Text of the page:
Raising Arizona

Raising Arizona. Joel Coen. 1987.

Aaah. The 80s. Remember the 80s? No? Well, let me tell you a story: It was the decade where you could see the poster for a movie, and it had the words “Nicholas Cage” on it, and you didn’t run for your life.

It was a happy age.

[twenty-five minutes pass]

This is such a fun movie. It’s a bit hyper, sure, but it’s got the right tone.

[the end]

I loved the first ten minutes, and then I really liked the next half hour, and then… uhm… there were scenes that I loved? I mean, it’s a really sweet movie, but it’s got stretches where it’s just treading water.

I feel like this could have been The Best Movie Ever if it had been a bit… tighter. It’s got so many good gags, and not a surfeit of plot, so it should be just perfect, and it isn’t.

Céline et Julie vont en bateau

Céline and Julie Go Boating. Jacques Rivette. 1974.

The last Rivette movie I watched was the thirteen (?) hour long Out 1: Noli me tangere, which was in partly brilliant, and partly… quite good?

This one is a short movie: Just over three hours.

[forty minutes pass]

This is a lot of fun. I’m guessing the dialogue is mostly improvised, but it has this mysterious, almost… meta character to it: It’s like we’re watching two people who are lying to each other, but both of them are playing along; they’re doing the improvisational “yes, and” thing, but not for this movie: Instead this movie is about these people doing this “yes, and” thing in real life (but scripted).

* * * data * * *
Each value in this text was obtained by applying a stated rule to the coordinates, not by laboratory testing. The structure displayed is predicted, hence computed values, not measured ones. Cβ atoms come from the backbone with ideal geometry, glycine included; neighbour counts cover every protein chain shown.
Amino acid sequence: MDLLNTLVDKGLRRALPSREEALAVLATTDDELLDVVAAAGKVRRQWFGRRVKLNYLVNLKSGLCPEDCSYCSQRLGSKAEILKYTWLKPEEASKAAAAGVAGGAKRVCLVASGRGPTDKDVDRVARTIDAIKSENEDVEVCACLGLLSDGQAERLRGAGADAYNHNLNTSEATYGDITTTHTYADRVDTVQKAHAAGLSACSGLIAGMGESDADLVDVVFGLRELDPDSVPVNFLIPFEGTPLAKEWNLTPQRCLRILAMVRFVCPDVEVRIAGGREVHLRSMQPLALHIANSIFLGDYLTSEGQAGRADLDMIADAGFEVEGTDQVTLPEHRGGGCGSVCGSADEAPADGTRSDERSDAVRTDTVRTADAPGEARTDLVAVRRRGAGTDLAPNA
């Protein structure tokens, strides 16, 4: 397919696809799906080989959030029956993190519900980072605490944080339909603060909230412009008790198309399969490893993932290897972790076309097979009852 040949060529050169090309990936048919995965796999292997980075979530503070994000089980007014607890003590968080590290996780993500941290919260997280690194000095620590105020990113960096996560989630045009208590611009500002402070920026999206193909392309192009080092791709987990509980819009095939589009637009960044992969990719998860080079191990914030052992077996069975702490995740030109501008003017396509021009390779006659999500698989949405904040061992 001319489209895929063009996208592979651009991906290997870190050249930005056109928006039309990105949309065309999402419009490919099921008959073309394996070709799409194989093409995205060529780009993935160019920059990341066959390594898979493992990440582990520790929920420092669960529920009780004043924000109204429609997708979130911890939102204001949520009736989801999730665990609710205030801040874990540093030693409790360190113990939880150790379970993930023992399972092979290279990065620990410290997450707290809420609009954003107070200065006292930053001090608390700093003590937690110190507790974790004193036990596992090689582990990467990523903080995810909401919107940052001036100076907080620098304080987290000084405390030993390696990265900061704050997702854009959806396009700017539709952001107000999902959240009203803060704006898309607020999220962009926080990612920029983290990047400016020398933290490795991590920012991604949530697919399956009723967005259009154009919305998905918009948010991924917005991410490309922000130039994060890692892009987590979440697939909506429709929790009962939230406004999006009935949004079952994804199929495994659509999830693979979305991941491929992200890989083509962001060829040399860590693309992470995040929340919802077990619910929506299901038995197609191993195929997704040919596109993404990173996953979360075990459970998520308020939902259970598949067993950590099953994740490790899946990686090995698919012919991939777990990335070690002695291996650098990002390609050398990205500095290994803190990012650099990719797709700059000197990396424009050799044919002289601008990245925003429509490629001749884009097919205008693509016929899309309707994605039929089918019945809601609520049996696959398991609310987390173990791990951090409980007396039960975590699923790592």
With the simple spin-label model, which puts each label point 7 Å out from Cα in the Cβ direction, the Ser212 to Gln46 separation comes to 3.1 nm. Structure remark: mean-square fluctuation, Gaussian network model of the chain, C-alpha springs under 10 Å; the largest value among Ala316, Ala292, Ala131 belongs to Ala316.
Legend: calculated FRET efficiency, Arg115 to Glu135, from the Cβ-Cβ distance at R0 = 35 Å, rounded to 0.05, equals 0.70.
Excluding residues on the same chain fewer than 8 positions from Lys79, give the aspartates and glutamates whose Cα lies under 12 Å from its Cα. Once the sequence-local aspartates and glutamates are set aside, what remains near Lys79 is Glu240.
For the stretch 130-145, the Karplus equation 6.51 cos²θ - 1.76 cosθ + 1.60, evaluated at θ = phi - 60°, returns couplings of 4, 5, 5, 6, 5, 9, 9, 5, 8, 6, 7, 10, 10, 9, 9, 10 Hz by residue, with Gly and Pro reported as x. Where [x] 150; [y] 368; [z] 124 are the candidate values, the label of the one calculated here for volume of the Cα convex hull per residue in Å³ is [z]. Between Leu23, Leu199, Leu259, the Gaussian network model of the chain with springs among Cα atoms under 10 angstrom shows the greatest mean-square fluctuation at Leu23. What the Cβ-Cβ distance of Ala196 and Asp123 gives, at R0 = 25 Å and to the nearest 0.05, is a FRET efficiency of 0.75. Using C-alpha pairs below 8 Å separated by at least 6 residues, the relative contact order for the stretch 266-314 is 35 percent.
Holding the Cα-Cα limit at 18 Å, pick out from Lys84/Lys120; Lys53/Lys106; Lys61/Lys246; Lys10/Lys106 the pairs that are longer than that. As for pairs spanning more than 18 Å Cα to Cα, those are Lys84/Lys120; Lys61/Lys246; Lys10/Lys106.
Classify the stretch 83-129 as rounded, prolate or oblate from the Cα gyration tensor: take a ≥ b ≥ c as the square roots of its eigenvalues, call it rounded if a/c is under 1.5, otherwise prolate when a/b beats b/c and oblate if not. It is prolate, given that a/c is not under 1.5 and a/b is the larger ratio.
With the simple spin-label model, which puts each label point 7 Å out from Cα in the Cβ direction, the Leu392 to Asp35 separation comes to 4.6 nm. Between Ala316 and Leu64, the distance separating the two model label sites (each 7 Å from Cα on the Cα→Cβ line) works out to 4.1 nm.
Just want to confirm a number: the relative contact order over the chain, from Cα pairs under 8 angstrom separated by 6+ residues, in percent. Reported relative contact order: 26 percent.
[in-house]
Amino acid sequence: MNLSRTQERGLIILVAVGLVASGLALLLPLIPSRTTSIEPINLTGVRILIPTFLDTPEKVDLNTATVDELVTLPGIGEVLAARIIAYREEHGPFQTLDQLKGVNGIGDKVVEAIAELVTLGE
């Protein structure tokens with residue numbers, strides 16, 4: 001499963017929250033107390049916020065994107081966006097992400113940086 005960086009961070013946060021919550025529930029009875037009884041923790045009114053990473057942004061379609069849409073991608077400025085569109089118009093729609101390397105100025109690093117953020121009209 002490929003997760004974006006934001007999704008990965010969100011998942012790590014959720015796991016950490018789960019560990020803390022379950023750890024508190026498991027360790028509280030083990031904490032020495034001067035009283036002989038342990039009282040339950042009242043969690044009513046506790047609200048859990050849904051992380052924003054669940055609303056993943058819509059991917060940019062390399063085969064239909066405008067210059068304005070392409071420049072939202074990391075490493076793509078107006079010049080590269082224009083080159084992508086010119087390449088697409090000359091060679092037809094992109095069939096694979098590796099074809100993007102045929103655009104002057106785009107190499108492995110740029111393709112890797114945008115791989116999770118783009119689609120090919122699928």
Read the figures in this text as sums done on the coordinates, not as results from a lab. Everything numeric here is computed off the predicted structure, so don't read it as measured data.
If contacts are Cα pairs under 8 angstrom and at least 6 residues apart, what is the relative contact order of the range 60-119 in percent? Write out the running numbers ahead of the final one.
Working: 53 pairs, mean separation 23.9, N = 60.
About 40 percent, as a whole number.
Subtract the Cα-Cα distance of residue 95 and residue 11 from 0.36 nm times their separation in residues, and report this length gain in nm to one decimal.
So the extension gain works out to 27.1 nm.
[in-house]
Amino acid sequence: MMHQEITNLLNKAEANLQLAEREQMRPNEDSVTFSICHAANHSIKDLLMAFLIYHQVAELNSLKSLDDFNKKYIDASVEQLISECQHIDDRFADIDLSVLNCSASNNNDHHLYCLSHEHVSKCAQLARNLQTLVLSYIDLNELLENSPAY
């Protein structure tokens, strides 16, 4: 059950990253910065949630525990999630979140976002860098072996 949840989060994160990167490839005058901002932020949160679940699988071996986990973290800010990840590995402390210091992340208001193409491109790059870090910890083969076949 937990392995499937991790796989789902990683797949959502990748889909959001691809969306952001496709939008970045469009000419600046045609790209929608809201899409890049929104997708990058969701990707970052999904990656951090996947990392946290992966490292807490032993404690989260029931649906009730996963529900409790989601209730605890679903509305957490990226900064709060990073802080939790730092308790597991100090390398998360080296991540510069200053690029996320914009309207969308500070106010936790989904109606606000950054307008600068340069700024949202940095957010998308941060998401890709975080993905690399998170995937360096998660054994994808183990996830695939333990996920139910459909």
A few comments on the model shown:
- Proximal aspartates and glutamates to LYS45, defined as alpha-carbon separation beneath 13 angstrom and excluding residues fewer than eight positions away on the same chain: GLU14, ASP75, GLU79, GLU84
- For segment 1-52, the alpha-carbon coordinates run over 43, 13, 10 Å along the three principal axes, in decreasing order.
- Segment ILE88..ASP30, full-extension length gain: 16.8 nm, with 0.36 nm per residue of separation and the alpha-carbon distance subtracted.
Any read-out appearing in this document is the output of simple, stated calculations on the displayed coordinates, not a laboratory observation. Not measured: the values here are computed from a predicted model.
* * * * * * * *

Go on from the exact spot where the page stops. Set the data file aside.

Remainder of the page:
Or… their realities change based on whatever lies they’ve just told. I mean… “Rue du nadir aux pommes”?

It’s so weird and… thrilling to watch.

[the end]

OK, the plot isn’t at all what I thought it was when we last spoke. It’s much stranger!

It’s… it’s… a kind of ghost story? But really funny? Oh oh! It’s kind of like a seventies Doctor Who series, but French.

It’s really funny, it’s sweet, it’s intriguing. I love it to bits, and now I’m getting all of Rivette’s other movies.

I rollerna tre

I rollerna tre. Christina Olofson. 1996.

This is a documentary, er, interview film with the three main actors from Mai Zetterling’s move Flickorna (The Girls). It’s a brilliant movie, but was apparently quite controversial, and not a commercial success.

So we meet the actors again, 30 years later, and two years after Zetterling had died.

[fifteen minutes pass]

So… this isn’t quite a documentary movie: It’s quite nicely staged, and even if most of the talk seems improvised, there’s a lot of blocking (and I’m assuming retakes) going on. But it’s absolutely charming. And so well shot: One gorgeous take after another. And quite amusing.

[fifteen minutes pass]

The subtitle here is “A tribute to Mai Zetterling”, but… geeze… these three women didn’t really have much respect for her. It’s like “But how come she got to make these moves?” “Well, perhaps they found her exotic, being all international and stuff…”

And it sounds like Bibi, at least, didn’t even like Flickorna, but thought it was a rather stupid movie.

[the end]

Well, Zetterling didn’t really get mentioned much… but this movie was filmed at the house Zetterling built up from a ruin, and envisioned being an artist’s retreat. It looks like a lovely house in a fantastic location, but Zetterling died before it was completed, it sounds like.

Ah, it’s still being cared for. That’s cool. I should go there sometime.